That doesn’t mean that the US’ economic situation is great.
It’s not. The problem with the situation in the US is that they have overheated the economy through fiscal and monetary channels. The monetary policy has tightened, the fiscal policy has not. There’s going to be a reckoning. Next year, I think there’ll be, if not a recession, then a slowdown that will be quite palpable. So, I don’t think the US is going to carry on the way it is at the moment. But that recession, if it happens, will be quite short. After a decade of somwwhat slow recovery from the financial crisis, the US economy is in a better state than it was in 2009. The balance sheets of the banks, of the households, are in a stronger state, the problems are quite concentrated in office and commercial real estate. So, I don’t think the US is heading for ten years of zero growth, whereas I think China might be.
Getting back to the Second Cold War, as you call the current conflict between the US and China: Do you think that the war in Ukraine has encouraged China in this arms race and competition with the US?
thing about a war like the one in Ukraine is that it reveals a lot about the other side’s capabilities. Hence, China has had a chance to see very clearly what the US can do for an ally, which is what Ukraine has become. It has also revealed that the US does not have great stockpiles of certain weapons which have been used in Ukraine. It’s also allowed China to see that a conventional invasion is really hard. The Russians clearly overpromised and under-delivered. It exposed the real shortcomings of certain aspects of the Russian military.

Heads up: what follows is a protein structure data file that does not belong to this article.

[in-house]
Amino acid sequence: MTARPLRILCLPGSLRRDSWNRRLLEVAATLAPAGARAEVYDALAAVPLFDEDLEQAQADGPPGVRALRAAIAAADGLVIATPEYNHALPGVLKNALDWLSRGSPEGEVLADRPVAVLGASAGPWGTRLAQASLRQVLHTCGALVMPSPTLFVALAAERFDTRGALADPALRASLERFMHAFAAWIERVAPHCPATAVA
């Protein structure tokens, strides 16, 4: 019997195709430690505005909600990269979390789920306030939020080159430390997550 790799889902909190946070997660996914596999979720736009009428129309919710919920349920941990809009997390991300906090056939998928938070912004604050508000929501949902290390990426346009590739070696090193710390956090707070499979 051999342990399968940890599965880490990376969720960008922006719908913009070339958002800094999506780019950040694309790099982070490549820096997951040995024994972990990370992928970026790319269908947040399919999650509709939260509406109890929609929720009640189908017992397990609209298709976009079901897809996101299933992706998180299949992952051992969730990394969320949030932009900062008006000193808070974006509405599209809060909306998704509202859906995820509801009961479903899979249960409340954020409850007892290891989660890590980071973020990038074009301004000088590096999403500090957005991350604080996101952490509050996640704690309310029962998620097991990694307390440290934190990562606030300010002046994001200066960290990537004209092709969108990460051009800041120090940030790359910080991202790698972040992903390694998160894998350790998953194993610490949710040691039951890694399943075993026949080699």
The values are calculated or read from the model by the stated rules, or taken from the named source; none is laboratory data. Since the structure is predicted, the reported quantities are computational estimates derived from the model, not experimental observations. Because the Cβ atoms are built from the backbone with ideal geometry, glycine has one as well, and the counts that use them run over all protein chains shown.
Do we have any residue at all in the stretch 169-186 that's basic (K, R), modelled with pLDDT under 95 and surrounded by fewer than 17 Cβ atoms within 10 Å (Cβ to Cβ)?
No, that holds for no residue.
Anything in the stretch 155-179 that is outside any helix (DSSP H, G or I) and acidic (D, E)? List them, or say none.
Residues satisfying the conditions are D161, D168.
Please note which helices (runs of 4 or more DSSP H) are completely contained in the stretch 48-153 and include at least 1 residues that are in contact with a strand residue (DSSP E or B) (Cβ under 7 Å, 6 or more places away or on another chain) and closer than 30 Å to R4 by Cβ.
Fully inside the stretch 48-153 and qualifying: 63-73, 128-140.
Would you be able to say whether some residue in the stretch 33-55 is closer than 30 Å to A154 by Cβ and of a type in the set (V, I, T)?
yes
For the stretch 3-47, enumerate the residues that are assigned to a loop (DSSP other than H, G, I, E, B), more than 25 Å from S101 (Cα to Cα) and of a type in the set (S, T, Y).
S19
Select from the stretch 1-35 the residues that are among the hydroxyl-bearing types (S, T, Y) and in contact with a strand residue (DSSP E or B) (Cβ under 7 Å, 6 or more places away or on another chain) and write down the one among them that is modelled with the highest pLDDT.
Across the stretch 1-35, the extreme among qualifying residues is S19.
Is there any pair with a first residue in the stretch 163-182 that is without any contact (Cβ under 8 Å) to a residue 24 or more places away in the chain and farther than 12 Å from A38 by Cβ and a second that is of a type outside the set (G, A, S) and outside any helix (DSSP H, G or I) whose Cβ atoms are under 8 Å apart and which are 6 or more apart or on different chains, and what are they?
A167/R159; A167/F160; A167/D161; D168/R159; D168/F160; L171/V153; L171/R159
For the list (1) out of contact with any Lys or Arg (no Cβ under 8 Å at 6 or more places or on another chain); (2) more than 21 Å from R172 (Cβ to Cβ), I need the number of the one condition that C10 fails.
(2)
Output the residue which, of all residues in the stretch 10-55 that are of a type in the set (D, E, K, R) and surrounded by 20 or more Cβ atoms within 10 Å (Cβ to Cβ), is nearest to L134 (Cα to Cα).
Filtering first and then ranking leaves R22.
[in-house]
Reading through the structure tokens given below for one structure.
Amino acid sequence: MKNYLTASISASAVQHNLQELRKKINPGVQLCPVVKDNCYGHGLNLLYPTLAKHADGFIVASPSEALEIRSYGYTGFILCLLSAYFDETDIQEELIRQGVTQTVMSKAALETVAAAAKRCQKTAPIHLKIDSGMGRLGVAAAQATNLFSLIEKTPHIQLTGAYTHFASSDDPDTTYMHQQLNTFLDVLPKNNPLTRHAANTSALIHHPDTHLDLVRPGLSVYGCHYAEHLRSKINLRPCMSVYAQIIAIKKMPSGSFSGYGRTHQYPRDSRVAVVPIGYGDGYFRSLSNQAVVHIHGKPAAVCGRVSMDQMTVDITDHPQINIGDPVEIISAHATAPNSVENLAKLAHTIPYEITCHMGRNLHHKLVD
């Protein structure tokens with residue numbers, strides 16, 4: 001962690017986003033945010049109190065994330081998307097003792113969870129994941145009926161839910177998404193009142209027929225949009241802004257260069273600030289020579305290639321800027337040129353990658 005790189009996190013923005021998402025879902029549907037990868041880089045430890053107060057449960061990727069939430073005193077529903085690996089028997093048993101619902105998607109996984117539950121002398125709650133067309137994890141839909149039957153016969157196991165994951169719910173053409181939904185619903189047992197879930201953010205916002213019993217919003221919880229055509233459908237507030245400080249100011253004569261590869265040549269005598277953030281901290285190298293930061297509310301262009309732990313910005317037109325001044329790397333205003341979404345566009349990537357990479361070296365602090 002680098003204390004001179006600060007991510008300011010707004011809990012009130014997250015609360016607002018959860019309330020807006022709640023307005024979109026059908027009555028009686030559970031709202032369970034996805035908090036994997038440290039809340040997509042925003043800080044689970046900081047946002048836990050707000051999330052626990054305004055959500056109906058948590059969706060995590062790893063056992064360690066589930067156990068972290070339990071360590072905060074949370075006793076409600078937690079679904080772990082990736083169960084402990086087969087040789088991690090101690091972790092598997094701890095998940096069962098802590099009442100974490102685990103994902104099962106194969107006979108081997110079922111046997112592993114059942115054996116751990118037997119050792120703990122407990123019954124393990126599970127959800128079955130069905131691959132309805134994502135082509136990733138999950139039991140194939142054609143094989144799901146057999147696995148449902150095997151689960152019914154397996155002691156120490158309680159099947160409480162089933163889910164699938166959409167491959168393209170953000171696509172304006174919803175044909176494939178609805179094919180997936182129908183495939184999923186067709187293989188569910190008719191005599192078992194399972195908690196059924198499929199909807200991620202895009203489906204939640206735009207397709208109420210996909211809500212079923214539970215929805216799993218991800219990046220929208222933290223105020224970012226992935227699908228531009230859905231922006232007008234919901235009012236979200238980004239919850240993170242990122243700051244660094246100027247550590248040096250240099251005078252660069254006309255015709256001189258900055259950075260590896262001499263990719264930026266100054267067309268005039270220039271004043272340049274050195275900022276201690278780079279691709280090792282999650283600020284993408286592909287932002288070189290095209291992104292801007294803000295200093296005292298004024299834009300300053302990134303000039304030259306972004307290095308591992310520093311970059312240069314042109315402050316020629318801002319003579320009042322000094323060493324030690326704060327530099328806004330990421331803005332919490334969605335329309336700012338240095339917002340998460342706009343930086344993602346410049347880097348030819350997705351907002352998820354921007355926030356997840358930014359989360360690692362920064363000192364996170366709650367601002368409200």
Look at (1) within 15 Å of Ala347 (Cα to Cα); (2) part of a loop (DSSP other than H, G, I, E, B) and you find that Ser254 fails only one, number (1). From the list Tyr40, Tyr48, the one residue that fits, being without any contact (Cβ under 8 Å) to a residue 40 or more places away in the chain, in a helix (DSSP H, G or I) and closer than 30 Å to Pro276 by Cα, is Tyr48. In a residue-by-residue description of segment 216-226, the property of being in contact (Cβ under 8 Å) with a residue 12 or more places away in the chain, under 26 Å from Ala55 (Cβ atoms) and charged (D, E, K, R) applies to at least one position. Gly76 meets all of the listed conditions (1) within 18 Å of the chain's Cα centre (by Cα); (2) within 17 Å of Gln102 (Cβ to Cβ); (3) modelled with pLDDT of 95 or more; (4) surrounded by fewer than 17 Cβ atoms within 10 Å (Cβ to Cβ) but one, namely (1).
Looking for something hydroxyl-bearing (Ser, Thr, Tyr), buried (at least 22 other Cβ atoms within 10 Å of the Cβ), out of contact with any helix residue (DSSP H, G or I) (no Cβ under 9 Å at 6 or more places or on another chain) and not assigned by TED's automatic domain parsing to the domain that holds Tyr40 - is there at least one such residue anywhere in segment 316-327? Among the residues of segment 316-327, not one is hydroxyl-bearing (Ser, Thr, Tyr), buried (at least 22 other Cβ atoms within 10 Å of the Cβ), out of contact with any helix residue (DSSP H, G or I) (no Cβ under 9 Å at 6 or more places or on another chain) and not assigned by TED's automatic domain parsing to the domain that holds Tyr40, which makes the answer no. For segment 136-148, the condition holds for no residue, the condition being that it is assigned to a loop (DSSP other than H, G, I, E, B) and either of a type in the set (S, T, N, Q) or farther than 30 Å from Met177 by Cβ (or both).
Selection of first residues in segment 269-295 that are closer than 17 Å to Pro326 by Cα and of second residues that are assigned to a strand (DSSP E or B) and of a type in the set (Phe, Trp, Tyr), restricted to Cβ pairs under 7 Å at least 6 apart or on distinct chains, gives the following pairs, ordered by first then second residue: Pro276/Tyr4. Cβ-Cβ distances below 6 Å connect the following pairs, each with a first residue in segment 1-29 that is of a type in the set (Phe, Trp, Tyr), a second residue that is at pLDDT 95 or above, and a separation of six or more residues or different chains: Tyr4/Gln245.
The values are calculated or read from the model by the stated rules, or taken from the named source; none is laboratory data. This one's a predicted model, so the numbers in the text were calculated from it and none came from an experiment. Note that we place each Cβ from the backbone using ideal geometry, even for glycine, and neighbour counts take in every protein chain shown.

The People’s Liberation Army is probably not much better in terms of combat readiness than the Russian army and might even be worse, because at least the Russians have fought some wars since 2008. The Chinese haven’t fought a war since the end of the 1970s. So it’s probably focused Chinese minds on what they have to do to be ready for any kind of conflict. That’s why the blockade scenario is plausible because that’s something they can do. Though, of course, the gamble there would be that if the US retaliated and sent an expeditionary force, China might find itself in a big war that it’s not ready for. This is the dilemma that Xi Jinping faces. He would be gambling that the US will not go to war. That’s a big gamble.
In general, what’s the most sustainable change that the Ukraine war has produced?
It revealed that the European economy did not need to rely indefinitely on Russian natural gas, and that there were alternative ways for Europe’s energy system to work. Most people thought that would be much harder than it actually was last year. I think one has to recognize that the prediction that sanctions would cripple Russia was wrong, that the Biden administration exaggerated what the sanctions could do, because there have been lots of ways around the sanctions, particularly for the Russian exports of oil and other products. So we shouldn’t exaggerate just how much there has been a decoupling of Russia from the world economy, though there has been quite substantial decoupling of Russia from the European economy. And that looks like it won’t be reversed anytime soon.
How do you view the opposing parties in this war as a historian?
If one looks at who’s made meaningful contributions to the Ukrainian war effort, it’s an interesting list of countries. You could use terms from geopolitics, like ‘the Rim’, because it’s Western Europe, the United States, Canada, Australia, New Zealand and Japan, which is sort of the rim of Eurasia. And on the other side is essentially Russia and China and Iran. So in a piece a few months ago I said it’s like something out of the old geopolitics literature, akin to ‘Rimland versus Heartland.’
Is that Rimland the West?